Goodpasture syndrome is a disorder with an autoimmune component that can cause bleeding in the lungs and long-term damage to the kidneys. If untreated, it can quickly progress to kidney failure and other complications. The condition is most common in people between ages 20 and 30 and those over 60. Anyone can develop this syndrome, but it is more often diagnosed in men.
Glomerulonephritis is one component of Goodpasture syndrome. This kidney disease causes inflammation in the tiny filter cells in the called glomeruli. Glomerulonephritis can result from many things, including strep throat, lupus, and Wegener's disease. Early diagnosis is essential to determine the cause and provide prompt and proper treatment.
Another component to Goodpasture syndrome is a bleeding in the lungs called pulmonary alveolar hemorrhage. This condition causes widespread damage to small vessels in the lungs, which causes the air sacs or alveoli to fill with blood. If enough alveoli are affected, the lungs cannot exchange oxygen effectively. Many things can cause alveolar hemorrhage, including adenovirus, cytomegalovirus, malaria, H1N1, and staph infections, especially in those with weakened immune systems. Quick diagnosis and treatment are essential.
Goodpasture syndrome and Goodpasture disease are used interchangeably, but there is a slight distinction between them. Goodpasture disease refers to cases with pulmonary hemorrhage, glomerulonephritis, and anti-GBM antibodies. Goodpasture syndrome refers to cases with pulmonary hemorrhage and glomerulonephritis, but it is not caused by anti-GBM antibodies. Collectively, these conditions are known as anti-GBM antibody disease.
The causes of Goodpasture syndrome are not fully understood. It seems to develop due to a combination of genetic predisposition and environmental factors. Anti-bodies attack the collagen in the kidneys and lungs, but many environmental factors increase the risk of developing Goodpasture syndrome, including smoking, infection, inhaling hydrocarbons, and inhaling cocaine.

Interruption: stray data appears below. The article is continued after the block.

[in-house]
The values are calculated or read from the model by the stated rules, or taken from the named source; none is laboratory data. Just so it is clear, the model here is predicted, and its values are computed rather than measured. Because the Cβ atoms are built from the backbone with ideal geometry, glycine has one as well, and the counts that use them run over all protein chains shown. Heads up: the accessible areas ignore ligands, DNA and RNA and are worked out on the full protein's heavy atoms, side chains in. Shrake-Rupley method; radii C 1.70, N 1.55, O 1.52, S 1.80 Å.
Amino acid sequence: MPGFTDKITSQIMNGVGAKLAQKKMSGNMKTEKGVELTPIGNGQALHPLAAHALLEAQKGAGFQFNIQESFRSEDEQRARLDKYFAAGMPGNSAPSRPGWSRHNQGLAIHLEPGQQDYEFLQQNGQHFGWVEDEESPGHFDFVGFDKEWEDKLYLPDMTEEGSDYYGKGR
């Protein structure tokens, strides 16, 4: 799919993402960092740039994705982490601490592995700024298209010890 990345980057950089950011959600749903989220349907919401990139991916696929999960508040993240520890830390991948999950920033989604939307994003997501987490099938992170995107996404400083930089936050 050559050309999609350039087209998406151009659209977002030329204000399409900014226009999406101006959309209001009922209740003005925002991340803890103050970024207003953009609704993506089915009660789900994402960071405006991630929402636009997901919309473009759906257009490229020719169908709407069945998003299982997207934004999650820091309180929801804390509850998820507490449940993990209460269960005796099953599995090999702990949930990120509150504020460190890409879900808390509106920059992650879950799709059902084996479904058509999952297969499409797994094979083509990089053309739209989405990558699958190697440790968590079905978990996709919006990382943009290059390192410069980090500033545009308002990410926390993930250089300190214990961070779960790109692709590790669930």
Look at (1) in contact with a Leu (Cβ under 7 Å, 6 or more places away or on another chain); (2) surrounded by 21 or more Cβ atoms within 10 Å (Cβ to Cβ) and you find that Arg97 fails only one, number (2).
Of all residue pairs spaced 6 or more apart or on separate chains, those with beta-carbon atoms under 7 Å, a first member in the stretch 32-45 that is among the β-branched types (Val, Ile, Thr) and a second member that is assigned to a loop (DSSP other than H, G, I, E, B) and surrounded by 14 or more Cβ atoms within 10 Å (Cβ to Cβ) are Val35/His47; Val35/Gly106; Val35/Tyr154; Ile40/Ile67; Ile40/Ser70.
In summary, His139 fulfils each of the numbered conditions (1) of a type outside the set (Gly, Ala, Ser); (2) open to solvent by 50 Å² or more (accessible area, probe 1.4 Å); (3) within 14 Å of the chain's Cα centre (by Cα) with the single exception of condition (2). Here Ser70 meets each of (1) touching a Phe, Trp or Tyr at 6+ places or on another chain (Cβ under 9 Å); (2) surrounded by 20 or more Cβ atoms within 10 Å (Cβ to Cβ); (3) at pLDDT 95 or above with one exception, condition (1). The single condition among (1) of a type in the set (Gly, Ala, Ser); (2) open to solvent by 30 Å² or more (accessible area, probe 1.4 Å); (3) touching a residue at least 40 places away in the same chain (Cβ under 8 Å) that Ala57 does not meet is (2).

Many early symptoms of Goodpasture syndrome are non-specific, including fatigue, weakness, nausea, and vomiting. Signs that the lungs are affected are difficulty breathing and coughing, often coughing up blood. Kidney involvement presents with bloody or foamy urine, high blood pressure, or ankle swelling. The symptoms of Goodpasture syndrome usually progress quickly.
People with Goodpasture syndrome initially present with signs of kidney damage or rapidly progressing glomerulonephritis. These symptoms are non-specific as they have many causes, so the doctor will do a complete workup. Pulmonary symptoms may be present along with kidney symptoms or shortly after. Younger individuals usually develop lung and kidney symptoms simultaneously, while people over 50 often present with a milder case involving glomerulonephritis with no lung issues.
A kidney biopsy will provide a definitive diagnosis because it identifies the cause and extent of the damage and provides an idea of how long the kidneys have been involved. Although confirming the diagnosis with a biopsy is necessary, treatment can and should begin before this, for the best results.
Other diagnostic tests help determine the extent of the damage caused by Goodpasture syndrome. Chest x-rays and pulmonary function tests provide information about the condition of the lungs, while renal function tests and urinalysis evaluate kidney function. A complete blood cell count may reveal low red blood cells resulting from alveolar hemorrhage or increased white blood cells, which indicate an inflammatory response.
Treatment varies depending on timing and severity. Medication that suppresses the immune system can curb the production of anti-GBM antibodies and reduce inflammation. Treatment also includes plasmapheresis or plasma exchange, a therapy that uses a machine to filter the blood and remove antibodies. Plasmapheresis is usually done for a few weeks. Depending on how the patient responds, they may need to take immunosuppressive drugs for several months after treatment.
Goodpasture syndrome may reoccur in some cases, even after successful treatment. With effective therapies and early treatment, the five-year survival rate is more than 80 percent. Less than 30 percent of those who have recovered from Goodpasture syndrome need long-term dialysis. In severe cases, the patient may need a kidney transplant.
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